Why Does Workplace Culture Matter?
Workplace culture is a slippery topic. Pinning down a solid definition is like nailing pudding to the wall. Because it's everything. Every choice you make creates your culture. There's only one aspect that we have persuasive data for: your treatment of employees. How you hire, manage, and motivate employees is hands-down the most critical element of company culture. It's the difference between making your mark on the world or just eking by with middling results. And the data suggests most of us are doing it wrong.
Engagement: The Magic IngredientFor almost twenty years, Gallup has been gathering some very interesting data on employee engagement. In other words, they've been monitoring how mentally and emotionally committed employees are to their workplace. How many employees are putting in their best effort? How many are checked out? How many are so miserable that they're actively taking away from productivity? What difference do those attitudes make, and what shapes them? It turns out that cultivating employee engagement translates into big bucks. Teams in the top quartile of engagement outperform teams in the bottom quartile with:
- 21% Higher Profitability
- 20% Higher Sales
- 17% Higher Productivity
- 10% Higher Customer Metrics
- 24% Lower Turnover
- 41% Lower Absenteeism
Invest Where It CountsEarning the devotion of employees isn't simple. There's no magic bullet. Compensation and core benefits matter to the degree that they allow your employees to meet their needs. But they don't inspire devotion. Exotic benefits that usually top the "best workplace culture" lists might attract talent, but won't help you keep them or fully leverage their abilities. To get employees invested in you, you need to demonstrate that you're invested in them.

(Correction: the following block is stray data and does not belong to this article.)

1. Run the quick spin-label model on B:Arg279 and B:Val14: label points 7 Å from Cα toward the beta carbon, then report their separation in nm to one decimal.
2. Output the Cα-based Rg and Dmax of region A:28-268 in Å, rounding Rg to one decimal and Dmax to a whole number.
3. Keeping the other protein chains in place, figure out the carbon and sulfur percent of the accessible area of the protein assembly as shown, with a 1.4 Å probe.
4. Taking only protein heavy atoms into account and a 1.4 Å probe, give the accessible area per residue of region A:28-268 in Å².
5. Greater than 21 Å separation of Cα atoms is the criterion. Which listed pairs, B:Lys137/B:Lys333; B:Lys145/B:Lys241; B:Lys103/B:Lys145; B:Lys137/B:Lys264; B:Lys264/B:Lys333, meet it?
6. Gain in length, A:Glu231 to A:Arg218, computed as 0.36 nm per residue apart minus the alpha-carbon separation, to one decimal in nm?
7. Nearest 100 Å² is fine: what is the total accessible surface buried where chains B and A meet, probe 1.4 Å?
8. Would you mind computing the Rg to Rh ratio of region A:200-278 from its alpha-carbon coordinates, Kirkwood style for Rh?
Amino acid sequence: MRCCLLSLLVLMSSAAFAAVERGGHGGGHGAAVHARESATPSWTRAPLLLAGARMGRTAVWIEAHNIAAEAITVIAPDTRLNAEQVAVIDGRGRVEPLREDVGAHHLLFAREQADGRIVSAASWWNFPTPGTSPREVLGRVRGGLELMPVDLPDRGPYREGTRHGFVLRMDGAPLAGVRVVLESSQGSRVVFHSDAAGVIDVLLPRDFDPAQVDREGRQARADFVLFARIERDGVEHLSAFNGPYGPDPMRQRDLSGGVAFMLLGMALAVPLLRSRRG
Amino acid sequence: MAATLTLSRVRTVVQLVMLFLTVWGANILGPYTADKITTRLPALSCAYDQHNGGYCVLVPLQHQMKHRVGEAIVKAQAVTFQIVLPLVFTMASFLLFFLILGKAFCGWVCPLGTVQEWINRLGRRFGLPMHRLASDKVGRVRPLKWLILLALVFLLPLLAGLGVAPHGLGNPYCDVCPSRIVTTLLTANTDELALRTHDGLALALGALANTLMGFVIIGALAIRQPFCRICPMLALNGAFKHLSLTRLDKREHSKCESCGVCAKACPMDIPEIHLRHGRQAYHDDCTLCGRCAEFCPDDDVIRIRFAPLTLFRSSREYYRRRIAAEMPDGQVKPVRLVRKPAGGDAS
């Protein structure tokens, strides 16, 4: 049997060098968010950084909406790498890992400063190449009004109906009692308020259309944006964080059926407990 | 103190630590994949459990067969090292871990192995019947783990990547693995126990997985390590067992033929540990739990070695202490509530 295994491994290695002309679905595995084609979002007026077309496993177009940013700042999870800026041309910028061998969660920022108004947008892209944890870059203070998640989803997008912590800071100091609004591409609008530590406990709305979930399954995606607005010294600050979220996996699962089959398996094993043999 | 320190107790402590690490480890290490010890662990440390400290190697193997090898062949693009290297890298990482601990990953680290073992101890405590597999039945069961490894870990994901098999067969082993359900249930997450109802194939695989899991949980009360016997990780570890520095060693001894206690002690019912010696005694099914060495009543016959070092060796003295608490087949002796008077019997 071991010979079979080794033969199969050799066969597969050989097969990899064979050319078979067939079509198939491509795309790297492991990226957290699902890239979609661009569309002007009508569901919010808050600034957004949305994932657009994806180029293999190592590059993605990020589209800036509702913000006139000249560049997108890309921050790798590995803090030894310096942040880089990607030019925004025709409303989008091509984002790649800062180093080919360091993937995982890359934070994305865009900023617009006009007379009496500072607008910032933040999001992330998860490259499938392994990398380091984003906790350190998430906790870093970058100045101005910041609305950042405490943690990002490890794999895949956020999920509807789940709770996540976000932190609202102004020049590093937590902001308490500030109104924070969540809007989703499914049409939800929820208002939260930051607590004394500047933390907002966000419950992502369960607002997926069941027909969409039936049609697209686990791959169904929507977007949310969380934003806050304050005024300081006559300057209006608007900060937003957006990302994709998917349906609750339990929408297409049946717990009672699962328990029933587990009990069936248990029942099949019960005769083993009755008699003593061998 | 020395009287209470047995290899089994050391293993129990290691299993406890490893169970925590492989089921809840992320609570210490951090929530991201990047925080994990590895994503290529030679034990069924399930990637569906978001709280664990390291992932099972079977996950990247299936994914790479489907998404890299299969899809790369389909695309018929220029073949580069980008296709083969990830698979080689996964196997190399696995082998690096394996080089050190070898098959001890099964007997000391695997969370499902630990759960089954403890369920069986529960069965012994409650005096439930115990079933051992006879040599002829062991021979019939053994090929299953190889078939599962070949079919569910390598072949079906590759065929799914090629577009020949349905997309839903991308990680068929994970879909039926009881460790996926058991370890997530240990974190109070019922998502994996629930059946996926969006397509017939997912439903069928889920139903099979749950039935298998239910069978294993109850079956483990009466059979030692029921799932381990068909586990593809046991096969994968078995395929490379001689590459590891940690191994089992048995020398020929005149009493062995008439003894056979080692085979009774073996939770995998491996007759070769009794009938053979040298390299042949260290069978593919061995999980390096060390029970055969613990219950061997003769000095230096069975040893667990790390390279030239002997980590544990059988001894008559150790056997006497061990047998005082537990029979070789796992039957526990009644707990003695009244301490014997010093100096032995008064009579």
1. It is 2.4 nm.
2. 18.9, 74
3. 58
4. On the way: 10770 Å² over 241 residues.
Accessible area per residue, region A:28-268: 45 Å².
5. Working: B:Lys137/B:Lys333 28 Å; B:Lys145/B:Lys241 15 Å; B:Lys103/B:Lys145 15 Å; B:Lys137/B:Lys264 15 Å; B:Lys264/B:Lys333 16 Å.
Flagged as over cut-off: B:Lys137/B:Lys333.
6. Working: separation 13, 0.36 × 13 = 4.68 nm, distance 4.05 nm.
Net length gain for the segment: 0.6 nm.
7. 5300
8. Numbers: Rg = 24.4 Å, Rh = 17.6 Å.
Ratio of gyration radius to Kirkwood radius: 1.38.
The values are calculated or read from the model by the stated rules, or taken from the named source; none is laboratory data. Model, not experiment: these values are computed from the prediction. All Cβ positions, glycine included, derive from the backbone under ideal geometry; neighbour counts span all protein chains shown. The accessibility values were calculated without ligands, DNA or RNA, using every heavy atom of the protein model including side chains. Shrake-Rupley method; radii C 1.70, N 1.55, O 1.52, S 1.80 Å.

Discover and Leverage Their StrengthsWhen you encourage people to do what they're good at, they feel successful, motivated, and satisfied. You get their best work. People who work to their strengths every day are six times more likely to be engaged in their job. They're also more productive and less likely to quit. It comes down to the manager. Employees who strongly agree that their manager coaches them based on their strengths have a stunning 93% engagement rate. Strength-based management is, on a pragmatic level, efficient resource allocation. But it also fosters a very personalized management experience. Employees feel seen, understood, and valued. Not as a cog, but as a unique individual with something to offer.
Recognize Employee AccomplishmentsIt can be as flashy or as humble as you want it to be, but employee recognition is essential to an engaged workforce. Recognition increases engagement, productivity, and loyalty— and it lowers turnover. One global study found that, the world over, feeling appreciated at work is the most important factor in happiness on the job. Don't save recognition of the exceptional. Managers should also provide positive feedback for reliability, efforts at improvement, and smaller accomplishments. Praise means more when it's deserved, so it always should be. But nothing is more demotivating for a solid-but-steady performer than to feel like nobody notices.
Encourage (and Provide Resources for) Learning & DevelopmentIt's a natural human need to learn and grow. When LinkedIn conducted a workplace learning survey, 94% of employees said they would stay longer at companies that invested in their development. And yet such development has dropped precipitously in recent years. Research out of the Wharton School says:
- In 1979, we spent an average of 2.5 weeks a year developing young employees.
- In 1995, we spent an average of 11 hours a year.
- In 2011, only 1 in 5 employees reported any on-the-job training in five years. So, the current average is probably very grim.